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Teens and Hpv

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Epidemiology: Teens and Human Papillomavirus
Carmen Holder
NUR/408

Epidemiology: Teens and Human Papillomavirus
Human Papillomavirus (HPV) is the most common sexually transmitted disease found in the young, sexually active population. It is presenting itself as a growing concern among the most vulnerable population; teenagers. Usually, there are no signs or symptoms associated with HPV so most people do not realize they are infected or that they are exposing a sex partner to the virus. There are more than 40 types of HPV that can infect the genital area, but the two most common types are HPV 16 and 18. These two types are responsible for approximately 70% of all cervical cancers (Centers for Disease Control and Prevention, 2012). This paper will define epidemiology and describe the epidemiology triangle as it relates to HPV. A specific type of epidemiology, descriptive, will be explained in addition to various levels of prevention.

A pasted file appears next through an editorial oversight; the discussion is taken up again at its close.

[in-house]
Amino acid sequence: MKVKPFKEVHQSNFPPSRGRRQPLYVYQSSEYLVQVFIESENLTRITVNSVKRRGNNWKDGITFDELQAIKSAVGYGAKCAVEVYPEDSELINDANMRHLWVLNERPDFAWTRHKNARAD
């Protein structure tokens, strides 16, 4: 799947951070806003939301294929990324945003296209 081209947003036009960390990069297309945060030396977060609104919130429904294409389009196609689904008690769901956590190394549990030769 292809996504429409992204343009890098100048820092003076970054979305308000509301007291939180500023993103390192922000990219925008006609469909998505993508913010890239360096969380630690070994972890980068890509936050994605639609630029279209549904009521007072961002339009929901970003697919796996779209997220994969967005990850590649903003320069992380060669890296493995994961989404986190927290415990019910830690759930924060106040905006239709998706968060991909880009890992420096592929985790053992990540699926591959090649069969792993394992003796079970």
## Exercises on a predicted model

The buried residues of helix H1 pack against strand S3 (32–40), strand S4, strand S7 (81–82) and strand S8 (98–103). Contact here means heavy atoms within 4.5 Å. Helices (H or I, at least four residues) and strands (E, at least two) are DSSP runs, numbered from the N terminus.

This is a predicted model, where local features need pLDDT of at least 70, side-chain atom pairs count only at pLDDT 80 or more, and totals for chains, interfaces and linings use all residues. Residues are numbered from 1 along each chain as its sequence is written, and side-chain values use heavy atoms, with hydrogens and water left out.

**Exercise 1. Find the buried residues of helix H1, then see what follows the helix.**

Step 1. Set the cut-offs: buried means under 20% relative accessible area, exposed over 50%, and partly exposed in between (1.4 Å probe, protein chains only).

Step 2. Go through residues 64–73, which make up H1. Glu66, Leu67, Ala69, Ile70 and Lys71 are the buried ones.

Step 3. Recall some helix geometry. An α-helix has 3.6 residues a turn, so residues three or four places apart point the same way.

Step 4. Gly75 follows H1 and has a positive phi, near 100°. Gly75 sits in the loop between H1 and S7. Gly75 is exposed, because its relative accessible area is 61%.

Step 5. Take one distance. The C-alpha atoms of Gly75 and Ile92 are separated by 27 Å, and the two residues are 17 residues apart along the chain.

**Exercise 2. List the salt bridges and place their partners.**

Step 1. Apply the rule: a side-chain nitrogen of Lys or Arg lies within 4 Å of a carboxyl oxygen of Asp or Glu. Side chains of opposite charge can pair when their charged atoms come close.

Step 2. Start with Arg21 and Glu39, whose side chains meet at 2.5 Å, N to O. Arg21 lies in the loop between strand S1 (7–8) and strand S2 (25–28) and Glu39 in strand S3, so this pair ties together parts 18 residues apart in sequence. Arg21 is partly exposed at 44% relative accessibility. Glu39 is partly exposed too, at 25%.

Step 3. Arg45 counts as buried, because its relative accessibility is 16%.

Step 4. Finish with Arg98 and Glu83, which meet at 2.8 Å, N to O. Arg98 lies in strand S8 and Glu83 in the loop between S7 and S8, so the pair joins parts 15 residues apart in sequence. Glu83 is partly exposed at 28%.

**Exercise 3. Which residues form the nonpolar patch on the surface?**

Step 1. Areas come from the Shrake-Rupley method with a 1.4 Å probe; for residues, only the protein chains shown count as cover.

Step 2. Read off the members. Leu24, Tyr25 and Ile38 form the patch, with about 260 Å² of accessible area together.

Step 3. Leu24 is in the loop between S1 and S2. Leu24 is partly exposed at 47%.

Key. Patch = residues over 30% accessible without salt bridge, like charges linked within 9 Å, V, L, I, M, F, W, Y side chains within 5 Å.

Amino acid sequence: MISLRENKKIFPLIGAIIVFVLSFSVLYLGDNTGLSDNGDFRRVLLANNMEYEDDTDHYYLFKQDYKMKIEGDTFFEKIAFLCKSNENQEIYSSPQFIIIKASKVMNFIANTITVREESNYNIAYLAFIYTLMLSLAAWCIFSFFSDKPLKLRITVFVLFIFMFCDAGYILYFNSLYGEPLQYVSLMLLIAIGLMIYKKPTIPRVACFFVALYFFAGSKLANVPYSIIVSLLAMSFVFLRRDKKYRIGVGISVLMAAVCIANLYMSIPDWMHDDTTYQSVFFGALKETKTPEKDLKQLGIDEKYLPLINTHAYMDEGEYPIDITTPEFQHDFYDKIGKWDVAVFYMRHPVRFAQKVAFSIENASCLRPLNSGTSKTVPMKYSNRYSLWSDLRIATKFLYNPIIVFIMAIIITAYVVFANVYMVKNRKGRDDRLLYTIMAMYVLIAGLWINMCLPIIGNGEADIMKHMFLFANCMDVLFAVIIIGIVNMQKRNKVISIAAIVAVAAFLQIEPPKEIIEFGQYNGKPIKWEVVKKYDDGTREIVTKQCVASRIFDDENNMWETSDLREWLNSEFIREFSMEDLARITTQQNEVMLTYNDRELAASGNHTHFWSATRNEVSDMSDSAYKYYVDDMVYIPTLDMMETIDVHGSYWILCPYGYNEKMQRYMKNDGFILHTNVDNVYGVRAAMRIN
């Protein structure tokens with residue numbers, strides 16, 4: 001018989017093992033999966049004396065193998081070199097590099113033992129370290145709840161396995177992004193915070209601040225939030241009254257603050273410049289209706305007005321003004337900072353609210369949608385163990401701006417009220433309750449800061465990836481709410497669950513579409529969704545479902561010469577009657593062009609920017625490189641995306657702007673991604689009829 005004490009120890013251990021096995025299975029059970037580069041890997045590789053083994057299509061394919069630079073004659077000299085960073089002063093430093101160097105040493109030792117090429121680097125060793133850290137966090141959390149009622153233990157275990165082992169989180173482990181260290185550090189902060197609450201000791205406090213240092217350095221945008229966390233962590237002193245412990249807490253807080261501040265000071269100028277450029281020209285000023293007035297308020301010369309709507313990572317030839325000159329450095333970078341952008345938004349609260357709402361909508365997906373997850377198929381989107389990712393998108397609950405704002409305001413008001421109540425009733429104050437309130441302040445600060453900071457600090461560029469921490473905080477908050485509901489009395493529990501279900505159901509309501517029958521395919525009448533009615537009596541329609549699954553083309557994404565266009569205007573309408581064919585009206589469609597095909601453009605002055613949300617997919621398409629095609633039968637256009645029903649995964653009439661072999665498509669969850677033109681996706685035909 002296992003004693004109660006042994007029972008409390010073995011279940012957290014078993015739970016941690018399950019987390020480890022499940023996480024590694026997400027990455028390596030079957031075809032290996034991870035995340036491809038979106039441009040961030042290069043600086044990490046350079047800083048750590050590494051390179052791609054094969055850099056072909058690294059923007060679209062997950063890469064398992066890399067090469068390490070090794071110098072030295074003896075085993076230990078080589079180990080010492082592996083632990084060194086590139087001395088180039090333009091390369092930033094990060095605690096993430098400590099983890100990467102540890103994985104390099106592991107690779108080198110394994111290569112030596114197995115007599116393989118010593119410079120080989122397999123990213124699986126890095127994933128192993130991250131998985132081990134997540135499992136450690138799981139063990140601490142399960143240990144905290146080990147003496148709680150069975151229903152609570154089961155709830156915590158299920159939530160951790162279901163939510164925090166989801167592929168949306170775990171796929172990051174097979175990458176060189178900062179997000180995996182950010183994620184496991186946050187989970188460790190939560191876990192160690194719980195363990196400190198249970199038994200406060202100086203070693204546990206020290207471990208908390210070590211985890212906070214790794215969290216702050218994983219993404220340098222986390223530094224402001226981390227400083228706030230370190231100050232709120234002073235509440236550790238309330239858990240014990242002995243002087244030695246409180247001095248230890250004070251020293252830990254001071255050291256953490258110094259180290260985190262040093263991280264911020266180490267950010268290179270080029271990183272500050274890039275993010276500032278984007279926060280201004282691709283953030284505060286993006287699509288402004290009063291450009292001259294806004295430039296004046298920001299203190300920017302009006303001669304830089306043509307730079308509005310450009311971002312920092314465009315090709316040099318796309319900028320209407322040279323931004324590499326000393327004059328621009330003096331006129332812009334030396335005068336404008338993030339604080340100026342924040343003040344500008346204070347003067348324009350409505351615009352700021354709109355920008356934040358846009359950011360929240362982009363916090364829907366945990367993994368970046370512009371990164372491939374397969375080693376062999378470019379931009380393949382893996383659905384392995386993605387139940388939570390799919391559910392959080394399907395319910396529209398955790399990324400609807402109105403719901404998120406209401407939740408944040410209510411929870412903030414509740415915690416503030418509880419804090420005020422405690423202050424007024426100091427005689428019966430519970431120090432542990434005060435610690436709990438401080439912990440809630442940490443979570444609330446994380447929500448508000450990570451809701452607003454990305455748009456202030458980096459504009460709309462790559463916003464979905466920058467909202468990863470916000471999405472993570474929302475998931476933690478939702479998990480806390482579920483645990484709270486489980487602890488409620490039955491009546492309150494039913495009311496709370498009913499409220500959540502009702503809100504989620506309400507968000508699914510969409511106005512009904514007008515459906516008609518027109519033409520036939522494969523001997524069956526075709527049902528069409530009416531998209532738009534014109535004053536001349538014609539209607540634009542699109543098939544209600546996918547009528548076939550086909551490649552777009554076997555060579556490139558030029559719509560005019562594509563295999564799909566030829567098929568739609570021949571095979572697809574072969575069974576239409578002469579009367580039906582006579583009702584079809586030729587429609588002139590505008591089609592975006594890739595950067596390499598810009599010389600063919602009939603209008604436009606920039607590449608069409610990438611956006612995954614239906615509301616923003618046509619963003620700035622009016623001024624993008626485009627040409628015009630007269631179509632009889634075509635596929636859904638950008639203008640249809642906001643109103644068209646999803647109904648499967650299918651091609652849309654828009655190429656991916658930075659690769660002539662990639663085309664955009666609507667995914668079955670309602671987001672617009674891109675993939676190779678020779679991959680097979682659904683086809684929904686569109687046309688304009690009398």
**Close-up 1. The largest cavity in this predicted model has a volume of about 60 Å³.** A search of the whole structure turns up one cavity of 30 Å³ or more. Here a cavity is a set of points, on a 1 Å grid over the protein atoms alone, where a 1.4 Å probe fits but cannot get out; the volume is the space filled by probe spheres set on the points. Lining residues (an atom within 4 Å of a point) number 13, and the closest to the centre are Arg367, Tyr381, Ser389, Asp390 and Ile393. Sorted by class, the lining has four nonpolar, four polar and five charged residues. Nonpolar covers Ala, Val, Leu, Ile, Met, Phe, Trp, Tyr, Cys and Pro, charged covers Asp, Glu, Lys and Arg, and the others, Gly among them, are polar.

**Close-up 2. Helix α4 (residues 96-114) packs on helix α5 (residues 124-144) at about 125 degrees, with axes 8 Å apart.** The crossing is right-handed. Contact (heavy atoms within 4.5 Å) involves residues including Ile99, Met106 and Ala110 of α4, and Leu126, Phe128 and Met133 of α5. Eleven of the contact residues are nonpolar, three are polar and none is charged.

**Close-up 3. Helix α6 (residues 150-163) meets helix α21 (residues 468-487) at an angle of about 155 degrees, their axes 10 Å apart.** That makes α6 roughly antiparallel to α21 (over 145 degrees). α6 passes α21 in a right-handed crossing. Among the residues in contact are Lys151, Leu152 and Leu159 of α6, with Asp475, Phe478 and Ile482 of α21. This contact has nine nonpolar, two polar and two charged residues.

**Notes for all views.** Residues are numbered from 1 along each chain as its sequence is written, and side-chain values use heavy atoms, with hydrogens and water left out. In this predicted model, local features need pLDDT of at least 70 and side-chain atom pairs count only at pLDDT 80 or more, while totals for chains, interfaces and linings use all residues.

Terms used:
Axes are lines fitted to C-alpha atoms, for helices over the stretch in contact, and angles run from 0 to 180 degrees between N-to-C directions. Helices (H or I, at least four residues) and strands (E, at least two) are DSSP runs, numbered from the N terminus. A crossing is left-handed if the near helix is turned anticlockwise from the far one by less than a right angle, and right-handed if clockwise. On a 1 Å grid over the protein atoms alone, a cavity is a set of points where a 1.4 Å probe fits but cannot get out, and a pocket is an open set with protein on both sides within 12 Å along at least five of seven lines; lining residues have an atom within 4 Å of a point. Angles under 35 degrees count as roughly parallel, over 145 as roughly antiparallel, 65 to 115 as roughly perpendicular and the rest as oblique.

“The word epidemiology comes from the Greek words epi (upon), demos (people), and logos (thought), and it originally referred to the spread of diseases of infectious origin (Stanhope & Lancaster, 2012, p. 255). It was not until the twentieth century that the field of epidemiology was recognized as a discipline. The focus of epidemiology is on evidence-based practice and the outcomes are used to guide a change in practice. Due to the many manifestations of chronic diseases, such as heart disease and cancer, and other circumstances related to health, such as injuries, accidents, and violence, the scope and definition of epidemiology have expanded. Today, epidemiology is defined as “the study of the occurrence and distribution of health-related states or events in specified populations, including the study of the determinants influencing such states, and the application of this knowledge to control the health problems” (Stanhope...

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